Note: If your company has an open bank loan, all of your company’s tangible assets likely have a lien on them. Were you aware of that? Don’t worry if you’re not; most business owners aren’t.

Blanket liens can go back to an equipment’s previous owners too, but they are still just as valid. And since they only crop up when there’s a default, they can remain forgotten for a long time.

How Can Companies Better Protect Themselves?

There are steps a business can take to better protect themselves against accidentally buying used equipment that has a lien on it.

The easiest is to buy from an authorized reseller/dealer. This typically alleviates most lien issues, as most authorized dealers will conduct a UCC search before acquiring equipment. In addition, most authorized dealers will usually stand behind their claim that the equipment’s title is clean (make sure you ask about this, though).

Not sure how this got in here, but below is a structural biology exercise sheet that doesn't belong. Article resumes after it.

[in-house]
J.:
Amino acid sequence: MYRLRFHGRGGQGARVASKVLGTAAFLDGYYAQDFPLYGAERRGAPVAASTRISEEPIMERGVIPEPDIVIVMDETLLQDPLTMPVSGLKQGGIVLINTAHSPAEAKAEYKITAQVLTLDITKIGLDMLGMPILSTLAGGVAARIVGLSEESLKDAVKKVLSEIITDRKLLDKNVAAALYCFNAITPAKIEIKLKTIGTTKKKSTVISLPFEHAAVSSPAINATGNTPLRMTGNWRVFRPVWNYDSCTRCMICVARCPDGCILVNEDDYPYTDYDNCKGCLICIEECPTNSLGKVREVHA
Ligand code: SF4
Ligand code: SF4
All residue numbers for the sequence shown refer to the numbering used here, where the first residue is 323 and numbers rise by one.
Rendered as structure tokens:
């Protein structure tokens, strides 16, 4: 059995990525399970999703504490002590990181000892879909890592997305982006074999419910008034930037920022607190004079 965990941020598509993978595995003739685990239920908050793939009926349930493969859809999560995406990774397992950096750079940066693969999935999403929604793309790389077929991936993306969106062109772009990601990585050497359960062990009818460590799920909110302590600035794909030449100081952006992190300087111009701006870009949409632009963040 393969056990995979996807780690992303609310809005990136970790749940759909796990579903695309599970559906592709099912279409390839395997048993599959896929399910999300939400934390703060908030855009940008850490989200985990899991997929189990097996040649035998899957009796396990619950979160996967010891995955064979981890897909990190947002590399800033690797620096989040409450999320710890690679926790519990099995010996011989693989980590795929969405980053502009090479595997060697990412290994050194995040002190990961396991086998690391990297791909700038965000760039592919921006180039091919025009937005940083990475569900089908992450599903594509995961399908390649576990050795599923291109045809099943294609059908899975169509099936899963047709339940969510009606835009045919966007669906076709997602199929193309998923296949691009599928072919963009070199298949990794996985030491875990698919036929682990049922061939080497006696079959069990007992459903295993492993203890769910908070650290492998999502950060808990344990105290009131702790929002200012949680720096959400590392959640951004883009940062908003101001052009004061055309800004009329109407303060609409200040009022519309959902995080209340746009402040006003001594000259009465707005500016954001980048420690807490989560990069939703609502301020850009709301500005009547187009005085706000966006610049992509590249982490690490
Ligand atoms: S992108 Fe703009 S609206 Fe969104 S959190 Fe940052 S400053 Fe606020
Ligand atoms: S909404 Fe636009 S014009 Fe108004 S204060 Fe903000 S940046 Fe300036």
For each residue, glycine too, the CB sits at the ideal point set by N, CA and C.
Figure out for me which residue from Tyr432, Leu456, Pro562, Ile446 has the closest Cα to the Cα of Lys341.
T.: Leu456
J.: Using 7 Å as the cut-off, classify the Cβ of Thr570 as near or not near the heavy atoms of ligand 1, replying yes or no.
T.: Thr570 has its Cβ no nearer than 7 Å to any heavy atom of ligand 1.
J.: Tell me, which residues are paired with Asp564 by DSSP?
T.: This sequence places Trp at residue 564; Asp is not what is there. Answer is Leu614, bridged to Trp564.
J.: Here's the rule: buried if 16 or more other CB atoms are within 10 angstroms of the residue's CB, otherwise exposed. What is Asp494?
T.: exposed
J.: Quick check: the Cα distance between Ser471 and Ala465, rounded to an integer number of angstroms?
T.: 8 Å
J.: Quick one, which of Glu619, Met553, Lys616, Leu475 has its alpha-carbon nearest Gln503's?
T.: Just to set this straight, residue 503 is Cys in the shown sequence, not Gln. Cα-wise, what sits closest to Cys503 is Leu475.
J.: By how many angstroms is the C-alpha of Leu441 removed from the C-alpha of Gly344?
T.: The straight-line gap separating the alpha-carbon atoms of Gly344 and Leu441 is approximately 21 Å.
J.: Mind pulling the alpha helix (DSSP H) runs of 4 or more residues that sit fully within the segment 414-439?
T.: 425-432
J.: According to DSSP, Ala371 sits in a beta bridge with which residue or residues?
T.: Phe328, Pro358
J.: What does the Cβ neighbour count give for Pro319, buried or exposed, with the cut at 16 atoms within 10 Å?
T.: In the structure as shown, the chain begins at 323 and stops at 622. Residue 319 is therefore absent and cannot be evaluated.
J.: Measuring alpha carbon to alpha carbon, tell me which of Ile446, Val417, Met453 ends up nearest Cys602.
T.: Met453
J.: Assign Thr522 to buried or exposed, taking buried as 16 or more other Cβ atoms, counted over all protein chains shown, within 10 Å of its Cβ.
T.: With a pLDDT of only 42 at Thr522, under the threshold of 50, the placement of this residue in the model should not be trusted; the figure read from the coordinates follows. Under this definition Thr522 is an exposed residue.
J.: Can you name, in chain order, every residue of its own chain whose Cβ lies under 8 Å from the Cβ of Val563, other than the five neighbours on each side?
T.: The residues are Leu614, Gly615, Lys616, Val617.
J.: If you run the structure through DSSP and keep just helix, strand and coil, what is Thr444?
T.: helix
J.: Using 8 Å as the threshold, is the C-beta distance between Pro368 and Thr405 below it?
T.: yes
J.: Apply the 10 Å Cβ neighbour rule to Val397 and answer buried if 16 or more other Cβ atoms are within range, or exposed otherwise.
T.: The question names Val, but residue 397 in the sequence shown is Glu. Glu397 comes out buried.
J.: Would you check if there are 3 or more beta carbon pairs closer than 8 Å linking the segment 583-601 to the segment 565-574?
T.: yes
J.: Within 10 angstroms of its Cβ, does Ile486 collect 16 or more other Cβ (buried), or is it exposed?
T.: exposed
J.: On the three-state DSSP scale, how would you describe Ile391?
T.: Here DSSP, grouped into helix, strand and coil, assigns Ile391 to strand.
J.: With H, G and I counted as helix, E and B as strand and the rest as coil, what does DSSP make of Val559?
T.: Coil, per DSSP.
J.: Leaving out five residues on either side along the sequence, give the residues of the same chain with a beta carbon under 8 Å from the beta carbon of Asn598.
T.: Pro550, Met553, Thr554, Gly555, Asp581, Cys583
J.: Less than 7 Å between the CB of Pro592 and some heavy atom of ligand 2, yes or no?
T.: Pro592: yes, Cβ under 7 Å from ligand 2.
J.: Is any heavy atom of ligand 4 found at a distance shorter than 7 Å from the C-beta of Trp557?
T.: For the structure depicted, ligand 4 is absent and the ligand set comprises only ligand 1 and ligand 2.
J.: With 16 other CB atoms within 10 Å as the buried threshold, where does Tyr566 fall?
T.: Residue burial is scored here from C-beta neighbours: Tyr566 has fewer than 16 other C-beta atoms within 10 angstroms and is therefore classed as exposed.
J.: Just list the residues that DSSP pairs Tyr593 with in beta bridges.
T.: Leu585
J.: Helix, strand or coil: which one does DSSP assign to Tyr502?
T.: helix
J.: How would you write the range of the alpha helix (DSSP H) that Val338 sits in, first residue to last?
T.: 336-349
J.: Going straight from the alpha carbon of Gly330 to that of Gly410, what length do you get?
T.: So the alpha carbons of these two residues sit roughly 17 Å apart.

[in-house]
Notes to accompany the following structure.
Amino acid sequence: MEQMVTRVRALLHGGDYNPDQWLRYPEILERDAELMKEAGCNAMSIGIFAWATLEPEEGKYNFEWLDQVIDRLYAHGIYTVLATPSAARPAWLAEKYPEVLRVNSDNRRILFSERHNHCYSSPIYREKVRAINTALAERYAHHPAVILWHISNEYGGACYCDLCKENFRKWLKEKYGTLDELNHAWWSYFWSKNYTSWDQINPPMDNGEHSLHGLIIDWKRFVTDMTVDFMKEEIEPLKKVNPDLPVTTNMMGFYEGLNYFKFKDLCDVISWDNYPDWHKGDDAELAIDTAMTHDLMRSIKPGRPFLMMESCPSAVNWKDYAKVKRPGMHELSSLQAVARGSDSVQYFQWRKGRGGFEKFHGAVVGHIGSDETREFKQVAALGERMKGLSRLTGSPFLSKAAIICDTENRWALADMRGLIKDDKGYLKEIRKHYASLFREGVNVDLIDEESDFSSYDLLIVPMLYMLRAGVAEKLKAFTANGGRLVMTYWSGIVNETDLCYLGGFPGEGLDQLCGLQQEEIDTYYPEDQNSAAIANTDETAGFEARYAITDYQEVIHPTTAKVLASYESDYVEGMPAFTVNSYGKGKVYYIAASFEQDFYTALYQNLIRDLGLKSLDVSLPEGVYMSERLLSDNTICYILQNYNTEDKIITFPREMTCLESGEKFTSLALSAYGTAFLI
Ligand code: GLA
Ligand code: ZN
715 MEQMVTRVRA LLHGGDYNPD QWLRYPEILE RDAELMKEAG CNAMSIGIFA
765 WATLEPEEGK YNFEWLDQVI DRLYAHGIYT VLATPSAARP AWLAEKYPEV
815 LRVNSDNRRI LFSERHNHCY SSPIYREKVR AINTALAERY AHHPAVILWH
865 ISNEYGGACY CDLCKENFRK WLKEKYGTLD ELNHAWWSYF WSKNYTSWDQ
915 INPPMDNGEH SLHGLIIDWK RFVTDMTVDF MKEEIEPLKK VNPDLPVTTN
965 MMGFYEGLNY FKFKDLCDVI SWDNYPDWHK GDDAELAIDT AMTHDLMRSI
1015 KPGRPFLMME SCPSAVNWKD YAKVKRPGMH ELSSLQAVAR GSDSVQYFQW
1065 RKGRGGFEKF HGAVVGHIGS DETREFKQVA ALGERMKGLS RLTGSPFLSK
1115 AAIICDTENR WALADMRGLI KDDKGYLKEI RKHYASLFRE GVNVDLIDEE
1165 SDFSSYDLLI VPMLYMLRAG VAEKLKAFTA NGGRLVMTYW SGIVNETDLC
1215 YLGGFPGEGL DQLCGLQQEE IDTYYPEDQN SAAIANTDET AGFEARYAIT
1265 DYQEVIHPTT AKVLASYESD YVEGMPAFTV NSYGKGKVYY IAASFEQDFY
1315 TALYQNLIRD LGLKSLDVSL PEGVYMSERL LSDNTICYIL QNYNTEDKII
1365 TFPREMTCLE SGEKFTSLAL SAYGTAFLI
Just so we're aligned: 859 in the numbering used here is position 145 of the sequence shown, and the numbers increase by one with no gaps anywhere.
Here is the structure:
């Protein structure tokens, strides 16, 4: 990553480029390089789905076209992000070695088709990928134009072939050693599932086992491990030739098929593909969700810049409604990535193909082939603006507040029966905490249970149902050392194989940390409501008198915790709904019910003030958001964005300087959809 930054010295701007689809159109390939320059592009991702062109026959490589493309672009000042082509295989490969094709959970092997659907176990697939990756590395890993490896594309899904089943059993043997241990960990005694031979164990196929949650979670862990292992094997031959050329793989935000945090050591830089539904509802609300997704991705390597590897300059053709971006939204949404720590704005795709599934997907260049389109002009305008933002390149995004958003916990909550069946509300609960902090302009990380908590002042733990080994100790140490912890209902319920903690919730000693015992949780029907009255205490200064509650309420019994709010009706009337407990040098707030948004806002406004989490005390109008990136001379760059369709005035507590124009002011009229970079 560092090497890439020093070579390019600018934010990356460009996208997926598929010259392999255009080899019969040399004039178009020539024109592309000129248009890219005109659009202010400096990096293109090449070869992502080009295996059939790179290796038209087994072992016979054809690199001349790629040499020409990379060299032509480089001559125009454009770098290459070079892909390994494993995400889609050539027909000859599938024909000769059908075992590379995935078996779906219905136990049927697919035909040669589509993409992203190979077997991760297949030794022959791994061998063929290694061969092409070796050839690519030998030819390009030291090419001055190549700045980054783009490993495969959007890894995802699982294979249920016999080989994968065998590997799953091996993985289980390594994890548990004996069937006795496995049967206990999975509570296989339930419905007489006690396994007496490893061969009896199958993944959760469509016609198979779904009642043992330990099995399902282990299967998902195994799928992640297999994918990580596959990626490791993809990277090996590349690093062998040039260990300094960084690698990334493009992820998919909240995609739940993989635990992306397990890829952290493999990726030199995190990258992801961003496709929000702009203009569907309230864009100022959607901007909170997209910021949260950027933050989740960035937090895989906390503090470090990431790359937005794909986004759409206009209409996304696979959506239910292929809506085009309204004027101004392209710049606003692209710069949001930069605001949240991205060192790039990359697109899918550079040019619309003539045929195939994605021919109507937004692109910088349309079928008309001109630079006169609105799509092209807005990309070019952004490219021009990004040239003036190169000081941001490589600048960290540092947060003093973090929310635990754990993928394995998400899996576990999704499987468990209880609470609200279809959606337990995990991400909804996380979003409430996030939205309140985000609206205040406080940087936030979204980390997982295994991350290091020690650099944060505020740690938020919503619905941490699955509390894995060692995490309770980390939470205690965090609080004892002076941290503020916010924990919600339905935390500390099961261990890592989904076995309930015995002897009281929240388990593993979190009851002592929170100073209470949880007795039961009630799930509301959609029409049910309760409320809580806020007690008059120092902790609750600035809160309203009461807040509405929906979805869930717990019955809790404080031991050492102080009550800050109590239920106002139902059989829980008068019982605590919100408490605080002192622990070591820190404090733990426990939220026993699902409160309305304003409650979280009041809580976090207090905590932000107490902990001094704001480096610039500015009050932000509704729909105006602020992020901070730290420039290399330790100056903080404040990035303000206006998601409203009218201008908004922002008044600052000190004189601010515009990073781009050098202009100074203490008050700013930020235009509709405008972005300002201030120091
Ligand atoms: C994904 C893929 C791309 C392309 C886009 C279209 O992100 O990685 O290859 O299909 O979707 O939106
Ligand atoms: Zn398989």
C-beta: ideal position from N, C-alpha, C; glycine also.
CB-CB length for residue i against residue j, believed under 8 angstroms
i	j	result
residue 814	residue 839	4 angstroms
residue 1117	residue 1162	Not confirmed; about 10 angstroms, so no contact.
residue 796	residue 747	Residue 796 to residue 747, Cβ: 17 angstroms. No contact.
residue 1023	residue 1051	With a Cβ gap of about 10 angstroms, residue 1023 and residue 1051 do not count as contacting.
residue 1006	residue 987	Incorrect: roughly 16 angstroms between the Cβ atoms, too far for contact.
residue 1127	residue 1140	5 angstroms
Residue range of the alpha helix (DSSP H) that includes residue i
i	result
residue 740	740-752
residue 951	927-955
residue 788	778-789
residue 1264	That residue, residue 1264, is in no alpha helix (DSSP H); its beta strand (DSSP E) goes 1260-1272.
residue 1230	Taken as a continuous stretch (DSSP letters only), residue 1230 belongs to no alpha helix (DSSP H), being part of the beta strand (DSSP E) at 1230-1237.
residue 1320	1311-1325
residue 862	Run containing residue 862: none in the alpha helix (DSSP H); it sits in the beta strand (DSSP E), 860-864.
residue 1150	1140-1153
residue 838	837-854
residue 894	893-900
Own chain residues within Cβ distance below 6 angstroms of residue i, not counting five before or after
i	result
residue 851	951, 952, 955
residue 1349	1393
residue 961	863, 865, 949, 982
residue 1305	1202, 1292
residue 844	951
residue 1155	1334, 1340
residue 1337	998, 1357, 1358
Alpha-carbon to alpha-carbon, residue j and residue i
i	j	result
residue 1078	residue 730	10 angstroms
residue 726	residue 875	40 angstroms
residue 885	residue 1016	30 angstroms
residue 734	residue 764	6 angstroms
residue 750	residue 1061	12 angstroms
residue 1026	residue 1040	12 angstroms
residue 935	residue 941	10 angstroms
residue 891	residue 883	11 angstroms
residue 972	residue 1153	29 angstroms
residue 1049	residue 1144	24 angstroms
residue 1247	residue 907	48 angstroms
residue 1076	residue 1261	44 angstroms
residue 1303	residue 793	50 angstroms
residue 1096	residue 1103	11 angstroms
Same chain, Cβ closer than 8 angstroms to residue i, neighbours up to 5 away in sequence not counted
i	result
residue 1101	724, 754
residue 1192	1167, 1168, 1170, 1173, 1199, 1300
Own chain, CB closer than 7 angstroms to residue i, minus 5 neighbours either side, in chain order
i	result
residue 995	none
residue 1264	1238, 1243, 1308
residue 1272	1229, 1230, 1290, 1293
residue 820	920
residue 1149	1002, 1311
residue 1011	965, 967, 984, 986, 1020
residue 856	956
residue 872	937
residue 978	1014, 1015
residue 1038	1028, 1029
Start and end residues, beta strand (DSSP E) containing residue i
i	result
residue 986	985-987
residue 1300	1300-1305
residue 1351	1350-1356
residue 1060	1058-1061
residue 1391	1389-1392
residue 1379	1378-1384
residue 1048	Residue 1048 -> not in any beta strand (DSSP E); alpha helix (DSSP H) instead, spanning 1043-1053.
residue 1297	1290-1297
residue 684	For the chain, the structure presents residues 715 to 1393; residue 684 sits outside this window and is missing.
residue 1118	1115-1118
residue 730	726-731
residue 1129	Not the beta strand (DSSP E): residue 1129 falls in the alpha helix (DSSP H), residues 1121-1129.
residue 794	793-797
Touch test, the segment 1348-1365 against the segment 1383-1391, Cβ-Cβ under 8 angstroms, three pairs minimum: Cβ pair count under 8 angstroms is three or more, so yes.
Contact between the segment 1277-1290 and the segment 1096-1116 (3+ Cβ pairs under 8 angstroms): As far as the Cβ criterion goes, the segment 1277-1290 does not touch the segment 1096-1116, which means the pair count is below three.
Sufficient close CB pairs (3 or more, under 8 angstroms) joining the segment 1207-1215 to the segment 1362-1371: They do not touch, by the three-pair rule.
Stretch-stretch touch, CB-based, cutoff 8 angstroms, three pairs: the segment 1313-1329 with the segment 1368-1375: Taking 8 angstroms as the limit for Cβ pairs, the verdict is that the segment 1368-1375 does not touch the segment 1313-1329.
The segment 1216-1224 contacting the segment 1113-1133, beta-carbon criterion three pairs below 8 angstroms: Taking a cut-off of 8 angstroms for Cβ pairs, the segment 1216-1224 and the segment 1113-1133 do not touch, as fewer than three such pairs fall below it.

But ok, we know buying from a dealer isn’t always feasible. There are countless pieces of used business equipment sold by non-dealer private sellers. So what to do in this case?

The first thing is to make sure a UCC search is done, and if needs be, conduct it yourself (it’s for your protection, after all).

The second is to have all paperwork for the equipment. This includes bills of sale, payoff letters, etc. If possible, make sure the paper trail goes back to the original purchase from the manufacturer or dealer.

Buying used equipment from the original owner makes everything easier, as the paper trail gets more challenging to complete with each previous owner (honestly, I would not buy any used equipment with an incomplete paper trail).  

The third is simply trust. You’re going to have to trust the seller.

As stated earlier, used equipment sales are enormously popular. Better still, an extremely high percentage of them have no lien issues. Trustworthy sellers, complete UCC searches, and unbroken paper trails can go a long way to lessen any lien issues.

In the end, however, always remember that the buyer is the responsible party. They are the ones that will lose the equipment if there is an issue, and also lose the money they paid.